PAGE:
Also, we are seeing more faces in worship. Our average worship attendance two years ago had fallen to 164. This was when we had a singular combined service. By the end of this past year we began to see an uptick in worship attendance and began trending upwards. This is mainly because the last six months we've seen more people and more faces. We ended 2019 with 166 averages. This year, we are already averaging 177 in our worship services. All to say, God is working wonders. Last year, we also saw 113 first time guests as I've mentioned. Wow! Numbers don't tell the whole story, but it certainly tells me the Spirit is at work among us.
This past Sunday, the Chancel Choir sang "I Choose Love" and "Lean on Me." My heart was moved. God's Spirit was moving. In the Traditional Service, we witnessed loads of food come in for the "Souper Bowl" pantry blessing. It was amazing to see.
All to say, I already see God doing great things for 2020 with us and through us. Jesus is being worshiped and people are coming to know and follow Jesus, and we are barely are a full month into the year. Let's keep up the good work. Let's witness God's Kingdom grow and expand!
Last evening, we began our second week of our class entitled, "Equip: Bible Study." These classes are focused on practical ways to grow in our discipleship. In particular, we are focused these next seven weeks on how to grow in our reading of Scripture enabling us to feel more confident in understanding the Bible. The Bible can be an intimidating book to read. And yet, with a variety of tools, it can be very accessible. Moreover, therein is a depth of understanding which leads us further into the life of God. With this in mind, I wanted to share a little of what we discussed last evening in hopes it may encourage you to delve deeper into the Scriptures as well as feel confident in reading them. Some of us have been reading the Bible for a long time; yet, a new method may unlock depths to the Scriptures.
The first lesson last evening was discussion on beginning to read the text and how important it is to read the text slowly. The method is simply called survey. Often we read the text quickly in order to get a quick meaning from it. Yet, the slower we read it, the more questions arise which leads us toward deeper discovery. Basically, the first lesson was the art of reading a text slowly and allowing the text to speak for itself. Below is a simple path to follow:
I personally find the last part of the "Survey method" quite helpful. The more questions I ask, the further it pushes me for discovery. Moreover, one of the other things that caught my attention was how I was moved by questions others had. Often when we read in community, people help us see parts of the Scripture we miss. Thus, I would encourage you when you pick up your Bible next time, slow down, read a passage, and simply ask questions of the text. Don't rush through the process. In doing so, it will push you to discover part of the text you might have easily glossed over if going too fast.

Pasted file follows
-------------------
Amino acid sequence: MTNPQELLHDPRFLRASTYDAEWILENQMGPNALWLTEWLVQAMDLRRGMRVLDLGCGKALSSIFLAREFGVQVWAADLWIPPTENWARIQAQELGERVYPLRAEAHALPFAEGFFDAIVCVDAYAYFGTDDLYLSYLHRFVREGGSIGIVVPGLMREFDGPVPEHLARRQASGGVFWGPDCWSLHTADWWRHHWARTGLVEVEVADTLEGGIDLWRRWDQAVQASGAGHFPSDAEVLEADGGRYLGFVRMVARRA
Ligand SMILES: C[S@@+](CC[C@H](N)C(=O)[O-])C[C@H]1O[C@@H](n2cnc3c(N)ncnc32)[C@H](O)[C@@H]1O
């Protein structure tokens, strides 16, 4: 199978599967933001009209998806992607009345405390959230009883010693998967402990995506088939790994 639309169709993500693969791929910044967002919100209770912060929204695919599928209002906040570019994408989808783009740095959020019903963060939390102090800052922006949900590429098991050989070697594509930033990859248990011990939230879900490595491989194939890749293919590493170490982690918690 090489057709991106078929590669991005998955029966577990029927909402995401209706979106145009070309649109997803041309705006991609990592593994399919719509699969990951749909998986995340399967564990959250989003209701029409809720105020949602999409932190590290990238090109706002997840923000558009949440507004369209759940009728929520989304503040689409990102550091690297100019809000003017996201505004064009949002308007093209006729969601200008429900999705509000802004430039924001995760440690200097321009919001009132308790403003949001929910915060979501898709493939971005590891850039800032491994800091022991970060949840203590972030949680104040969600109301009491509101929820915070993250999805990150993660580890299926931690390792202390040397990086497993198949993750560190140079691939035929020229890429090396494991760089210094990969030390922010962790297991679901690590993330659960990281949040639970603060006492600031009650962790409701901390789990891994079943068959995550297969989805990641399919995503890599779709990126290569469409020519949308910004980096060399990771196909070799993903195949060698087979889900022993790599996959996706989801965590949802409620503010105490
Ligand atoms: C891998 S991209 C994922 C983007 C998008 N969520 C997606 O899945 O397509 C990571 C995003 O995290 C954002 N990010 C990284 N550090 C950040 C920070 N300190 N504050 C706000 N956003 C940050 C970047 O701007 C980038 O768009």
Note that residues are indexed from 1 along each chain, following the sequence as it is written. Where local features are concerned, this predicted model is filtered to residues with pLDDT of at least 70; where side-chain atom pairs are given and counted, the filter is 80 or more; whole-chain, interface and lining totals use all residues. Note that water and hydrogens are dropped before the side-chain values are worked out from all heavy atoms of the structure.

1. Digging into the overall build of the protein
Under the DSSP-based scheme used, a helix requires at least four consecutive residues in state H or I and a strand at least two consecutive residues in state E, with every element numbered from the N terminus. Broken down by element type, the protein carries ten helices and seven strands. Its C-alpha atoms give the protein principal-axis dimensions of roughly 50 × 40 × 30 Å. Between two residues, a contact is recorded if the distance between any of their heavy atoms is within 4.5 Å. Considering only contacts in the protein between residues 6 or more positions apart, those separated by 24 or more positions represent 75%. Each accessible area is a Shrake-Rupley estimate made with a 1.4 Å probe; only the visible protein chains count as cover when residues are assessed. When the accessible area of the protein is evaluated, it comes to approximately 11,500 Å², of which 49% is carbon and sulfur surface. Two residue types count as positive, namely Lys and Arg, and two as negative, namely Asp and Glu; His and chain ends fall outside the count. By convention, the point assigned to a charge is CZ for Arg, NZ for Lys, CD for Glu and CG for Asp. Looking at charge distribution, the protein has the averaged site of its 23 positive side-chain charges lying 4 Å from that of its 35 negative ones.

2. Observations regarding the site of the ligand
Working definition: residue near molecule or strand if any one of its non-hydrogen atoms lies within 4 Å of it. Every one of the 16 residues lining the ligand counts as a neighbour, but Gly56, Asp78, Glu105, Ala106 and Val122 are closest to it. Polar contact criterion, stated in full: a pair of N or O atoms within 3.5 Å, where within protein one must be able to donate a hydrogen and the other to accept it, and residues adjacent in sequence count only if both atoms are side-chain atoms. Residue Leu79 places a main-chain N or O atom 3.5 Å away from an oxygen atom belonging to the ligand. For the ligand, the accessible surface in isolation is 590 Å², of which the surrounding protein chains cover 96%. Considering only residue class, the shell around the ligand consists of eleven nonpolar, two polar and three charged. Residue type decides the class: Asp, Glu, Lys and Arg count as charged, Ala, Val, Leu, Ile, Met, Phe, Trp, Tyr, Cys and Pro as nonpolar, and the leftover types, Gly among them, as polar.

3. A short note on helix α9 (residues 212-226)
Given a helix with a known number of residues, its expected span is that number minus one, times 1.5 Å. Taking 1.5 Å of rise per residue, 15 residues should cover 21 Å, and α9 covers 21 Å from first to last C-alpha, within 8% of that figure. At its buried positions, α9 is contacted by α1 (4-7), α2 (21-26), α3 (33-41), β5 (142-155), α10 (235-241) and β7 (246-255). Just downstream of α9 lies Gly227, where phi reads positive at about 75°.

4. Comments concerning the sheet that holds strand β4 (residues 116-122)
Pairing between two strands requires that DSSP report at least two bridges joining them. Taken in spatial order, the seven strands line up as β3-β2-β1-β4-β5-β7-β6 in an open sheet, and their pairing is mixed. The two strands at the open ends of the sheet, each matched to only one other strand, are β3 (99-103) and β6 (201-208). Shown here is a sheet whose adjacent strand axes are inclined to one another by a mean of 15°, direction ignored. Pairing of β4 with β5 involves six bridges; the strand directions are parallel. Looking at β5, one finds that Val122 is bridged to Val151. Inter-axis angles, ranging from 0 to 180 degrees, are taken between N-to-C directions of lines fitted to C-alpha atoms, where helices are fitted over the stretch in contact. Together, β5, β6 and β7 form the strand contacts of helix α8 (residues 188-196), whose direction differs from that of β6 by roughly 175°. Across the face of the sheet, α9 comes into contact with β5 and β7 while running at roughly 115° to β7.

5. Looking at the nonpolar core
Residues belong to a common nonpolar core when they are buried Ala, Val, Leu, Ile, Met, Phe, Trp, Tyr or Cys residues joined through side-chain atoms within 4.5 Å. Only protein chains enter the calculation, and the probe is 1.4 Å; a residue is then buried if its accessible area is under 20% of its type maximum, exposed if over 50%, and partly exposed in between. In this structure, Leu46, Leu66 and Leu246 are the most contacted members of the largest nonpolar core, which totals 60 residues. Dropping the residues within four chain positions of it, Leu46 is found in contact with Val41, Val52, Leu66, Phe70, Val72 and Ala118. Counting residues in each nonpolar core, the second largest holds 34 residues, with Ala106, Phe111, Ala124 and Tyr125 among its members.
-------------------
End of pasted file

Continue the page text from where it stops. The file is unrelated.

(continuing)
As the years go by, it is interesting how they affect our thoughts and actions. Just yesterday we welcomed in a new year, 2020. In doing so we entered a new decade. That word struck me as I watched the news, the Rose Bowl Parade, and football. Such is the unspoken tradition of our house on New Years Day. All the anchors and TV personalities kept referring to the new decade beginning. I guess I wasn't quite prepared for that word. I hadn't really thought about this being a new decade. Before yesterday, my thoughts were just about a new year. But the word decade casts a much larger net around time.
For one, the word caused me to think beyond just last year and reminisce about the past 10 years. An entire decade has come to a close. In 2010, I was finishing my first year of ministry in Arkansas and celebrating a year of marriage. I had finished paying off the first car I ever bought on my own. Moreover, throughout the next nine years, much would change in my life. I moved appointments from Asbury UMC Little Rock to Vilonia UMC, and then here to Jacksonville First; all in the span of ten years. I experienced and led a church through a major tornado. We bought our first home. Lynn and I had our first and only child at this point, Eleanor. We lost loved ones. We gained friends. Over the course of the past decade much has happened. Most of which I find myself grateful to God for such gifts. (I could have done without some of the heartache and difficulty, but such is life).
I also look back upon the past decade with some regret. There are dreams that have died and projects left unfinished. There were silly hopes which never materialized as well as unnecessary desires which consumed. There were opportunities ignored and friendships left behind. There were also times to love and restore relationships which have now long past. All to say, here I stand as a result of all these experiences. I am struck with a thought as I enter this new decade. I could let those regrets live on or let them go as well. A new decade allows the opportunity to begin afresh and anew. Those past regrets can become memories of the past rather than constant companions in our hearts. I can choose to learn from them or let them continue to hold me down. We might do well to hear Paul's words from Philippians on the precipice of a new year, "Brothers, I do not consider myself to have taken hold of it. But one thing I do: Forgetting what is behind and reaching forward to what is ahead, I pursue as my goal the prize promised by God's heavenly call in Christ Jesus" (Phil 3:13-14).
Moreover, the start of a new decade not only gives us opportunity to let go, but it also gives us the opportunity to set directions. Not simply for a year, but for a much longer span. As individuals, we can look forward to the course of our life in the coming ten years and make decisions as to who we shall be in this decade. We can restart, give ourselves permission, let go, and set a course. Certainly we don't know what shall transpire; but if our course is set at the beginning, we can weather whatever storm may come. As a Church, the same is true. Who shall we be in ten years? Not all of us will see the end of the next decade in this congregation, but many will. And yet, imagine the impact we can make today if we set our direction faithfully for the coming decade. What are the needs of the community in Jacksonville? How might we stand in the gap? What does God require of us in the next ten years? May God open our imagination as we enter this next decade. Most of all, may we be found faithful!